[Michigan, July 15, 2021]: Once one becomes part of public life, he lives in the public eye and under the microscope. There is praise sometimes, criticism other times. Some of it is fair, some unfair. It comes with the territory of being a public figure.
Indeed, no matter how hard one works and how conscientious a person is, there is no escape from criticism. This is normal in a democracy. Different views and debate are healthy and needed. Criticism is important. It serves as a constant reminder to those in public office that nothing can be taken for granted. It’s a check on power and a reminder that someone is paying attention.
In a democracy, it is our duty to pay attention. Our officials should be held accountable. But criticism is one thing, political lynching and nasty personal attacks quite another matter. It is a moral and ethical issue.
Take Dearborn. For the past two years and since the Covid-19 pandemic crisis began, everything has changed. Everyone was impacted by it. We started living the age of uncertainty and the unknown.
Mayor O’ Reilly was one of millions of Americans impacted by the pandemic. He and his wife caught Covid-19. The infection, with other health challenges, mandated limited mobility. Despite his health challenges, the mayor effectively mobilized the city resources to deal with the Covid crisis. Indeed, Dearborn’s response, operations and particularly of both the Dearborn Police Department and the Fire Department, were a role model in handling the crisis. Their record speaks for itself. Our first responders are real heroes. That takes leadership and the leader of the city was mayor O’Reilly.
The city provided mass vaccinations. Mr. O’Reilly’s health limitation did not negatively affect the city’s functions. Its Covid response was one of the best in the state. The mayor was present where he was needed. Handling a crisis is not about photo ops, making noises and bragging. It’s about producing results.
The recent flood crisis renewed criticism and questions and rightly so from some a number of citizens about the mayor’s visibility. It’s normal under these tough and unexpected circumstances to want to see the leader. People want to see their leader and hear from him. But some saw the crisis as an opportunity to play dirty politics by orchestrating a campaign of nasty out of bounds vilification of the mayor. They wanted the mayor to resign even though no investigation has taken place regarding the flood and its causes. What we know for sure is that what happened is government failure- city, county and state.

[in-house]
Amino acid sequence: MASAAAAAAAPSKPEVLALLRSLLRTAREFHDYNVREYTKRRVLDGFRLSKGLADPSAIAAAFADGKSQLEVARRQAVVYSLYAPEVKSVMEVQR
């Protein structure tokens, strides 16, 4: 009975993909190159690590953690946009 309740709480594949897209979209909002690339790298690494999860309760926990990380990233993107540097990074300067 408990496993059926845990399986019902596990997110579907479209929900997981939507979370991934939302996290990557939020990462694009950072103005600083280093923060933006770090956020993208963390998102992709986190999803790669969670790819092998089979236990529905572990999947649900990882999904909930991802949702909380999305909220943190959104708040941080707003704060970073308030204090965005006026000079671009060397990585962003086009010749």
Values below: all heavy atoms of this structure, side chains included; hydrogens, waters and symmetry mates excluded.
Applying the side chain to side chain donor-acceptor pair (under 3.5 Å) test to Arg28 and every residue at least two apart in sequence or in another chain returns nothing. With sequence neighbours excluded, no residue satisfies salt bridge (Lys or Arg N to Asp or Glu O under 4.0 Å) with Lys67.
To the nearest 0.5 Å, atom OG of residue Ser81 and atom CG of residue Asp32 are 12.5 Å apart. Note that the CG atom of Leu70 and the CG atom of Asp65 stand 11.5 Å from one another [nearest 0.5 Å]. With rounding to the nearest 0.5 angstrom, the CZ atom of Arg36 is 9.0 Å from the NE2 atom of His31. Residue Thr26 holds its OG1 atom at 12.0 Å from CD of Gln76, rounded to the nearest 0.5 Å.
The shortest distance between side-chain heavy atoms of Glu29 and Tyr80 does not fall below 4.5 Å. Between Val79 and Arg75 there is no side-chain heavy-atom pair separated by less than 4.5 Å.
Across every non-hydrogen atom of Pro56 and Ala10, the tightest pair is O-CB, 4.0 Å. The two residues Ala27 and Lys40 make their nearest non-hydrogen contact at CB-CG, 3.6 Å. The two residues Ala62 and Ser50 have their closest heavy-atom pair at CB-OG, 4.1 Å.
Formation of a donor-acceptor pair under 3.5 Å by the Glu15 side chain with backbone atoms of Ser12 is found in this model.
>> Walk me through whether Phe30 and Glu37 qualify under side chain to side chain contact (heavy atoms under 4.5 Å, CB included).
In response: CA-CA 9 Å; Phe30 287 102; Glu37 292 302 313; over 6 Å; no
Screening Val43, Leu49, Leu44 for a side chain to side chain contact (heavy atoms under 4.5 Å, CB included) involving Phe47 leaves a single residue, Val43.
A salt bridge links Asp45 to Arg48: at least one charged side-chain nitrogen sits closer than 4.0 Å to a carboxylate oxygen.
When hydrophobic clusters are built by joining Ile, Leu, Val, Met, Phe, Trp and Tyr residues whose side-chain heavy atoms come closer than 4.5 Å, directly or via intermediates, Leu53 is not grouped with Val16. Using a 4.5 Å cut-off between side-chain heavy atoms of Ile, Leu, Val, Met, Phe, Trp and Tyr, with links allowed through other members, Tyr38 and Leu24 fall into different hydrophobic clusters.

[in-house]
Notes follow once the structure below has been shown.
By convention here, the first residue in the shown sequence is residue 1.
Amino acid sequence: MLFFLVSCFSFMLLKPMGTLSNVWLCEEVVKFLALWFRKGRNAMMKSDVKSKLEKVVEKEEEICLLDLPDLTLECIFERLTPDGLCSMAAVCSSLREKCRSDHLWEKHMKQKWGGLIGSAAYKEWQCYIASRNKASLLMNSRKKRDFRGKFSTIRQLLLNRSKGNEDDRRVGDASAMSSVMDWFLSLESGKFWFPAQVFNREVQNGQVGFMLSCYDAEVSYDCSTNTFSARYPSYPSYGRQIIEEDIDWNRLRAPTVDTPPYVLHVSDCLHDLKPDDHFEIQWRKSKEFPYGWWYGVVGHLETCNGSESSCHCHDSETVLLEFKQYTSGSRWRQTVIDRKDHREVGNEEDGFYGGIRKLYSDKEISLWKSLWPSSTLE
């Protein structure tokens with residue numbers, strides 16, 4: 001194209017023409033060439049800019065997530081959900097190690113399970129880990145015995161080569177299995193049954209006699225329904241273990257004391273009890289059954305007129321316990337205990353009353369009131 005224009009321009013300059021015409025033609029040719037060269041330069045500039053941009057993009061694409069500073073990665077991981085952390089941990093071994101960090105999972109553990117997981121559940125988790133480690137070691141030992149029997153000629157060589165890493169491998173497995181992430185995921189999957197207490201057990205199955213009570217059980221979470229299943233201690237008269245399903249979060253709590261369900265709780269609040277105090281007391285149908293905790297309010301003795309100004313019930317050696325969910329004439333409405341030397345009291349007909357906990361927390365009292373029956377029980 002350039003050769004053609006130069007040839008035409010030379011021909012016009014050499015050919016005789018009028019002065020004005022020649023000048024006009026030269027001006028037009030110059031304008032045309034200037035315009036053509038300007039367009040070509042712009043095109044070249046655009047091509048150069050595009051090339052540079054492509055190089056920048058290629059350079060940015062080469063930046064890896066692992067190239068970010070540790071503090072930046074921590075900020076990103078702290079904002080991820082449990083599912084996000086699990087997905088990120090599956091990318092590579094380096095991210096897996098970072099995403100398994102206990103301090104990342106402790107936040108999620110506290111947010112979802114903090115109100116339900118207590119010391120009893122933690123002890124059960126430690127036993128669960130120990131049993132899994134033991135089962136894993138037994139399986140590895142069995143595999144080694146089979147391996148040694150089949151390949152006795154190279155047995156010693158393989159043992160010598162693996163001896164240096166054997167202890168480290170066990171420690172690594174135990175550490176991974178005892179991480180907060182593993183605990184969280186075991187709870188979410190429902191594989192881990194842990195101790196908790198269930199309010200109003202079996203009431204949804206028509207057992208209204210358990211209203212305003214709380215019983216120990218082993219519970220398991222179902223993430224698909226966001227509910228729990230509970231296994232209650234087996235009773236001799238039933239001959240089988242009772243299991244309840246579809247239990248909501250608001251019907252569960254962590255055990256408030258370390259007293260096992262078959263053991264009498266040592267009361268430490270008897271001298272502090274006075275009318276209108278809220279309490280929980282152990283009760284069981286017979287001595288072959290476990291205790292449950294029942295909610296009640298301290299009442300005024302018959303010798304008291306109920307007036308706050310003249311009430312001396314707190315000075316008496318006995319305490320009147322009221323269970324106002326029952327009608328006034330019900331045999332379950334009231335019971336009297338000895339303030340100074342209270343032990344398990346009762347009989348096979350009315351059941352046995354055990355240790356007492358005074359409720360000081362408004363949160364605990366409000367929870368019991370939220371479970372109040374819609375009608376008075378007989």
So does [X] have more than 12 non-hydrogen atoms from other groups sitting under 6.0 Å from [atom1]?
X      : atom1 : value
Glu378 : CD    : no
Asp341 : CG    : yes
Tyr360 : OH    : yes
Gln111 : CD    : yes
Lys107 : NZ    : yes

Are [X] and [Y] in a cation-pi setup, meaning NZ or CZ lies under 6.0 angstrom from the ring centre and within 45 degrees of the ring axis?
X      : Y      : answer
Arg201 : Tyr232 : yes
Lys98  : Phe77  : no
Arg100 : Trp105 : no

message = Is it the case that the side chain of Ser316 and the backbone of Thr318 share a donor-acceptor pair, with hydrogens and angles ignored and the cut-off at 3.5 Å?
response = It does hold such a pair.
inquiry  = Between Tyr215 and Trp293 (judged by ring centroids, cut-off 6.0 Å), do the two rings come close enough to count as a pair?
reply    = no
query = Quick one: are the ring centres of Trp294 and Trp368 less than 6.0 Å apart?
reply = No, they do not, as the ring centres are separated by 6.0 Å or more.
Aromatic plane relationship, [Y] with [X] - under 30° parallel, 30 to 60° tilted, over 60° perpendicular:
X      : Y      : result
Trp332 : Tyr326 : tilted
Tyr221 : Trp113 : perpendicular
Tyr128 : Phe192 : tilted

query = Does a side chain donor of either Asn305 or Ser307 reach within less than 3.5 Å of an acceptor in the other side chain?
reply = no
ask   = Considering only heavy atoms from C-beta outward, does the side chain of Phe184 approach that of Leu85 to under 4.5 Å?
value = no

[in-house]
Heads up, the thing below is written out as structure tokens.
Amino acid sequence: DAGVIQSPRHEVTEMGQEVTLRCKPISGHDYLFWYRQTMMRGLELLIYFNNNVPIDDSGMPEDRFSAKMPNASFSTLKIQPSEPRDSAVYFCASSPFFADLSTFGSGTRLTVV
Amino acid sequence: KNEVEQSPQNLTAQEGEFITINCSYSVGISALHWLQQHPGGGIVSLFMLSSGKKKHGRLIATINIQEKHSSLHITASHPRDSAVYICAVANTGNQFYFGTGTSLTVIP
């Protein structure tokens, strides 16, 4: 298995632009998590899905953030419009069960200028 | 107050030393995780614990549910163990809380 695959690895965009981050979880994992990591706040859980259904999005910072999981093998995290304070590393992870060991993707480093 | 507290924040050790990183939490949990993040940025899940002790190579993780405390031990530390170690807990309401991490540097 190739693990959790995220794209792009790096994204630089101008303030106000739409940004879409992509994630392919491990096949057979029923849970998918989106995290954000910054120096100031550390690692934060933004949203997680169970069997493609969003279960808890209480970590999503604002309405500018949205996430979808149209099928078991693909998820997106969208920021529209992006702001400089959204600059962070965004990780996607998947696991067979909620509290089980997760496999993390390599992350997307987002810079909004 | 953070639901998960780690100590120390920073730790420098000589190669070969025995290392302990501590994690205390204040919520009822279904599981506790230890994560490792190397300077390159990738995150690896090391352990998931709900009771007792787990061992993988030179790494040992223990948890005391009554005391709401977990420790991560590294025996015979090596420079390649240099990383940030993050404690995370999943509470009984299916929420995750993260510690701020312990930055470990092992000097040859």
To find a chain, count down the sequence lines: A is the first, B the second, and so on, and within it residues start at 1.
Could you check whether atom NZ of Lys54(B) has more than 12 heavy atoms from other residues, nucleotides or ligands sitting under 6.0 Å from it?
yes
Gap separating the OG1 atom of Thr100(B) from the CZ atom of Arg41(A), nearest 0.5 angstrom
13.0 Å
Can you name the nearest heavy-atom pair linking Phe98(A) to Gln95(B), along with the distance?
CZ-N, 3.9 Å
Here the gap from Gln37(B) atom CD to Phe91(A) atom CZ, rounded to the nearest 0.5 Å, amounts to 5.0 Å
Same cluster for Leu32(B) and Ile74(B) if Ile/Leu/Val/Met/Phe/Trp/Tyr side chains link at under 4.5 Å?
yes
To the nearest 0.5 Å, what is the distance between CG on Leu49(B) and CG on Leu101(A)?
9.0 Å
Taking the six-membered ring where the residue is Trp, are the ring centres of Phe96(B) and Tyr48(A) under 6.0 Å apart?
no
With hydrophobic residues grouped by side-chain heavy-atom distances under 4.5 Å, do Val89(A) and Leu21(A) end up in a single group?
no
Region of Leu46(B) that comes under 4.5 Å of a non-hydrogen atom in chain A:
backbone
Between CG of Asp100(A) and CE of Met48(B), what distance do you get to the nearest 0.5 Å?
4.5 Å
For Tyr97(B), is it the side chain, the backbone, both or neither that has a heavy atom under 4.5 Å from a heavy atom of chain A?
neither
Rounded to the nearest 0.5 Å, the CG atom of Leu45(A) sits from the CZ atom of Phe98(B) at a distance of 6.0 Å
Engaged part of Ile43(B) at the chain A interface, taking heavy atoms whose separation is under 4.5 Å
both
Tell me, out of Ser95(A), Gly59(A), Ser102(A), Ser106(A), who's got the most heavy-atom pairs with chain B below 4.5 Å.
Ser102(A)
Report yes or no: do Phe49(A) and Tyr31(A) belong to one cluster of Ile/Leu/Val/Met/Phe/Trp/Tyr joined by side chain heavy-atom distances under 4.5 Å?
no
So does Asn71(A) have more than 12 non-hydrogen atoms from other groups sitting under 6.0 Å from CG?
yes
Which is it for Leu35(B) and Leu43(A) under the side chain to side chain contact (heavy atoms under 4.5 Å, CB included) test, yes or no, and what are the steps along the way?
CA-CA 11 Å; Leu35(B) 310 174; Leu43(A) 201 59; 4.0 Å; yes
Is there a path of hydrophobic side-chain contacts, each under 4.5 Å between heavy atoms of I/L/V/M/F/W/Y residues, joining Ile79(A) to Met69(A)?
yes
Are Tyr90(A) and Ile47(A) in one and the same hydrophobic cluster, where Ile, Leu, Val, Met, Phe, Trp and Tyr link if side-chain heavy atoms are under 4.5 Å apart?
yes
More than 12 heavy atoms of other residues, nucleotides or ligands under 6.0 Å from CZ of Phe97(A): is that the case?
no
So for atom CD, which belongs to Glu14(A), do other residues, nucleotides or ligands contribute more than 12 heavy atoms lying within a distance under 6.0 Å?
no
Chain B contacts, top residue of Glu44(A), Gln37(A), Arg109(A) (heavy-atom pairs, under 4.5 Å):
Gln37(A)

The mayor himself, a conscientious man, recognized his limited mobility when he decided not to run again. He wanted to serve his term and retire from public service. He paved the way for the change of leadership in Dearborn. Since he is medically and mentally able to continue to perform his functions, he reasonably and responsibly decided to finish his term.
It’s a fact that the dirtiest American sport is politics. Many get involved in politics for the public good, others to self-serve and build their power base. Such people disregarded the mayor’s decades of public service showing no concern for his health and wellbeing. Not even an iota of decency. They saw an opening and political expediency drove them to engage in a despicable campaign against the mayor.
During his many years of public service, it was common to run into the mayor at events around the city. He was a highly engaged and visible leader. He rarely missed any public gatherings or events. He never shied away from responding to inquiries and meeting people. But health complications limit appearances but not cognitive abilities and functions. Many of us had a medical situation that limited our ability to go to go around but we were still able to meet people we need to meet and attend to our business. Nothing special here.
It is amazing how fast some people forget all the good and go for the kill. It is legal and politically expedient but it is not moral or ethical. It is bad for the public and for democracy. It sends the wrong message to politicians and aspiring politicians. It breeds cynicism. And that has negative consequences to how politicians operate.
Politics is not only about power, it is about the right people entering public service to advance the public good. Political expediency should not trump gratitude, kindness and basic decency.
Thank you, Mr. Mayor, for your decades of public service. Best wishes for speedy recovery.
Imad Hamad, AHEC Executive Director
Save the date: AHRC “Spirit of Humanity” Gala 2021
The American Human rights Council (AHRC-USA) is pleased to announce its annual AHRC “Spirit of Humanity” Awards Gala that will be held on Friday, October 22, 2021 at 6:00 p.m. Due to Covid-19 pandemic crisis, the gala’s location, program and details will be released and announced in the future.
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